A number of people have tended to agree that young or youthful offenders should be tried as adults and even be transferred to the adult system (Endres & Karen, 2004). One reason is that they create danger or a threat to the security and safety of other young inmates. This is enhanced by the severity or the concreteness of their offences, hard punishment or even the history of repeated crimes and general forms of rehabilitation. This means that some juveniles have crime histories that supersede that of many adults and such should not be included in the same bracket as young offenders. The nature of crime alienates a persons and the age factor in this case is not considered. However, it should well be noted that juvenile courts were set up not only to cater for young offenders but mainly to deal with non violent crimes that could be committed by them. Once this rule is sabotaged then the case becomes different and the adult system becomes refuge (Joanne & Minacker, 2009).
One aspect that should be looked at is the distinction which is perceived between persons of various ages under the stipulated law together with their intellect, emotional concerns and their social progress (Trahan & Dominique & 2009). This matter highlights the issue of whether a boundary is necessary between adults and juveniles in terms of criminal matters. Is a crime different when committed by an individual of a certain age or more importantly is the effect of the crime changed by it? My answer is an emphatic no as we all know a crime is a crime no matter who commits it and just as the consequences are equal so is the age of commitment and thus the system of judgment and administration.
Another basic fact is the integration of development psychology which brings into focus physical, mental, emotional and even the social developmental structure of human beings. The psychologists in this field have come up with a study referred to as normative development which focuses on the dealing of young criminals and the adult ones in respect to the legal framework (Becker & Howard, 1960). Scientifically this development specifies the age of juvenile consideration as from 12 to 17, but does it really call for the difference in treatment of juvenile offenders and adults offenders in judicial concerns?
Age in this case is merely a time of transition in terms of the physique, intellect, and social nature and even on emotional basis but it still can not limit one from lacking the basics involved in competently handling personal judgments (Cairns & Robert, 1994). The life cycle that I have explained does not affect ones competence in ruling out poor actions thus when one offends or commits a crime it means he or she has chosen to be judged same as other offenders who were also incompetent to follow the law. One rationale that is brought into the picture to defend age factor is the essence of adolescence which influences the course of development.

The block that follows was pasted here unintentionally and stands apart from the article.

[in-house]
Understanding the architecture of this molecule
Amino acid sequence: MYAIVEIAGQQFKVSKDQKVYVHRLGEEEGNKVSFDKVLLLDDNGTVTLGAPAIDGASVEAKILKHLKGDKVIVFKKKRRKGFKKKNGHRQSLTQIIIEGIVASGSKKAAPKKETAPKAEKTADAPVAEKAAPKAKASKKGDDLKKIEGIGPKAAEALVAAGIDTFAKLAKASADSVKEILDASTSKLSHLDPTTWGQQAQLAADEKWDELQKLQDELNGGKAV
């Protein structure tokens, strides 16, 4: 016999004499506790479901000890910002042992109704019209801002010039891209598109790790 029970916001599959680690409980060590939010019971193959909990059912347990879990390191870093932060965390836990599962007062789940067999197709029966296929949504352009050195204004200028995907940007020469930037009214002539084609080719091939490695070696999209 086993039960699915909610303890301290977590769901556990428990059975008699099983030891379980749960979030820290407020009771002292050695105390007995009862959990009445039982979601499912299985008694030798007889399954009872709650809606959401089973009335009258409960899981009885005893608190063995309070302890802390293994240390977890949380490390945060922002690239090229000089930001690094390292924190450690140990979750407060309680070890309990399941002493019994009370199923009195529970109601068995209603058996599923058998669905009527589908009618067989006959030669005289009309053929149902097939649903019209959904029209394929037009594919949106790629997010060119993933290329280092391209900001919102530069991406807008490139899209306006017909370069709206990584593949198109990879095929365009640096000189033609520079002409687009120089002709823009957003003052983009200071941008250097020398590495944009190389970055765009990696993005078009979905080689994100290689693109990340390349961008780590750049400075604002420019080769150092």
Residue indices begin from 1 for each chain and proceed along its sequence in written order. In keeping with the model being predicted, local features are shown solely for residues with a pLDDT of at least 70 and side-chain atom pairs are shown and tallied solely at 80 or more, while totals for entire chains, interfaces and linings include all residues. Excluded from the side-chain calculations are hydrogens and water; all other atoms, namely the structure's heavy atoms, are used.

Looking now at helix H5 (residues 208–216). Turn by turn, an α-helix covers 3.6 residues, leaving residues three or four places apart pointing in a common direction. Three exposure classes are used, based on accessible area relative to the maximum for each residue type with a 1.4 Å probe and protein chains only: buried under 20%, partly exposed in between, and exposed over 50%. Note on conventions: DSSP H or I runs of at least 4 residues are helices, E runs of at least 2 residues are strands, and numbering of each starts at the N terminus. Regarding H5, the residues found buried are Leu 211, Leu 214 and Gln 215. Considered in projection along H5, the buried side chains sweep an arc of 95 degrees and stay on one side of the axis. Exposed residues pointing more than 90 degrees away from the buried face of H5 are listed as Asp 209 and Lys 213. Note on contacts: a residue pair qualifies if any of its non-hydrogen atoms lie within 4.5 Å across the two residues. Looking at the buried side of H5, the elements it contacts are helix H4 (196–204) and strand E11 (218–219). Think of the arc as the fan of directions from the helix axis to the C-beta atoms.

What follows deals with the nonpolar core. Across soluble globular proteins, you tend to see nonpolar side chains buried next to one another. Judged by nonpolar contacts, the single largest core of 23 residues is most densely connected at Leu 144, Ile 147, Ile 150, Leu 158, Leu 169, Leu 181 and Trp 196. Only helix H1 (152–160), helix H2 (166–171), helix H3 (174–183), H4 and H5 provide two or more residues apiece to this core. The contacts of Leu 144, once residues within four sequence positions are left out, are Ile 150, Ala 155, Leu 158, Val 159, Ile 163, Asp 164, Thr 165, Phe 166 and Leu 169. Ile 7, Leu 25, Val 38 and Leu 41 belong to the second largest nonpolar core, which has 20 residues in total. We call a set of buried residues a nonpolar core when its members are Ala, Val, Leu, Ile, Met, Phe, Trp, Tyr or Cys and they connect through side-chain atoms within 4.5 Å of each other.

Adolescents can motivate the youth to act in a negative way contrary to the laws of society and people argue that putting them in the adult system will not solve but harden their thinking (Endres & Karen, 2004). This aspect is worth thinking about but my perspective is that in the course of putting them in the adult system after they commit a crime the juveniles should also be put under rehabilitation service where the issue of adolescence will be looked at more keenly. With this into practice the transfer of young criminals to the adult system of administration will bring less worrying.
Adolescence should thus be taken into deep consideration as the developmental aspects installed in children are not altered and it is difficult trying to do so. Policies which are formulated in this case should not be poorly brought into the picture as their tough consequences will be clearly difficult to delete. Rehabilitation in this case is worthwhile but the adult system should also be used to pass judgment.
As stated earlier in a normal court procedure and according to the law, it is not the characteristics of the criminal that are looked into but it is the seriousness and the danger level of the offense which are scrutinized upon which judgment is passed. Age or the maturity of the offender in this sense is basically independent factors (Becker & Howard, 1960) and it is widely termed as being irrelevant. An argument that counters this is the understanding of the consequences that come with commitment of a specific crime which it is believed that juveniles understand little of the law as compared to adults. The interpretation and application of the laws of the land differs with maturity both in the intellectual capacity and emotional development but it does not exclude one from being judged in the same court system as everybody else who committed that same or even a less worse crime.
The punishment according to me should be equal and age in this case is a factor that is not worth considering. The children who are scientifically called juveniles from the ages of 12 to 17 have various forms of educational practices that enable them to fully understand the consequences of their actions whether at home, school or even the church. With this understanding it is out of order to say that the climate of a court will scare a child and prevent true testimony especially without knowledge of the motives of the attorneys and unscrupulous lawyers (Trahan & Dominique & 2009). Crime has its own repercussions of which an offender should be willing to face no matter the age and juveniles are bound to speak the truth during a hearing thus the issue of being harassed is out of the picture. I conclude by saying that it is right for a juvenile offender to be tried as adults especially when the natures of the crimes concur.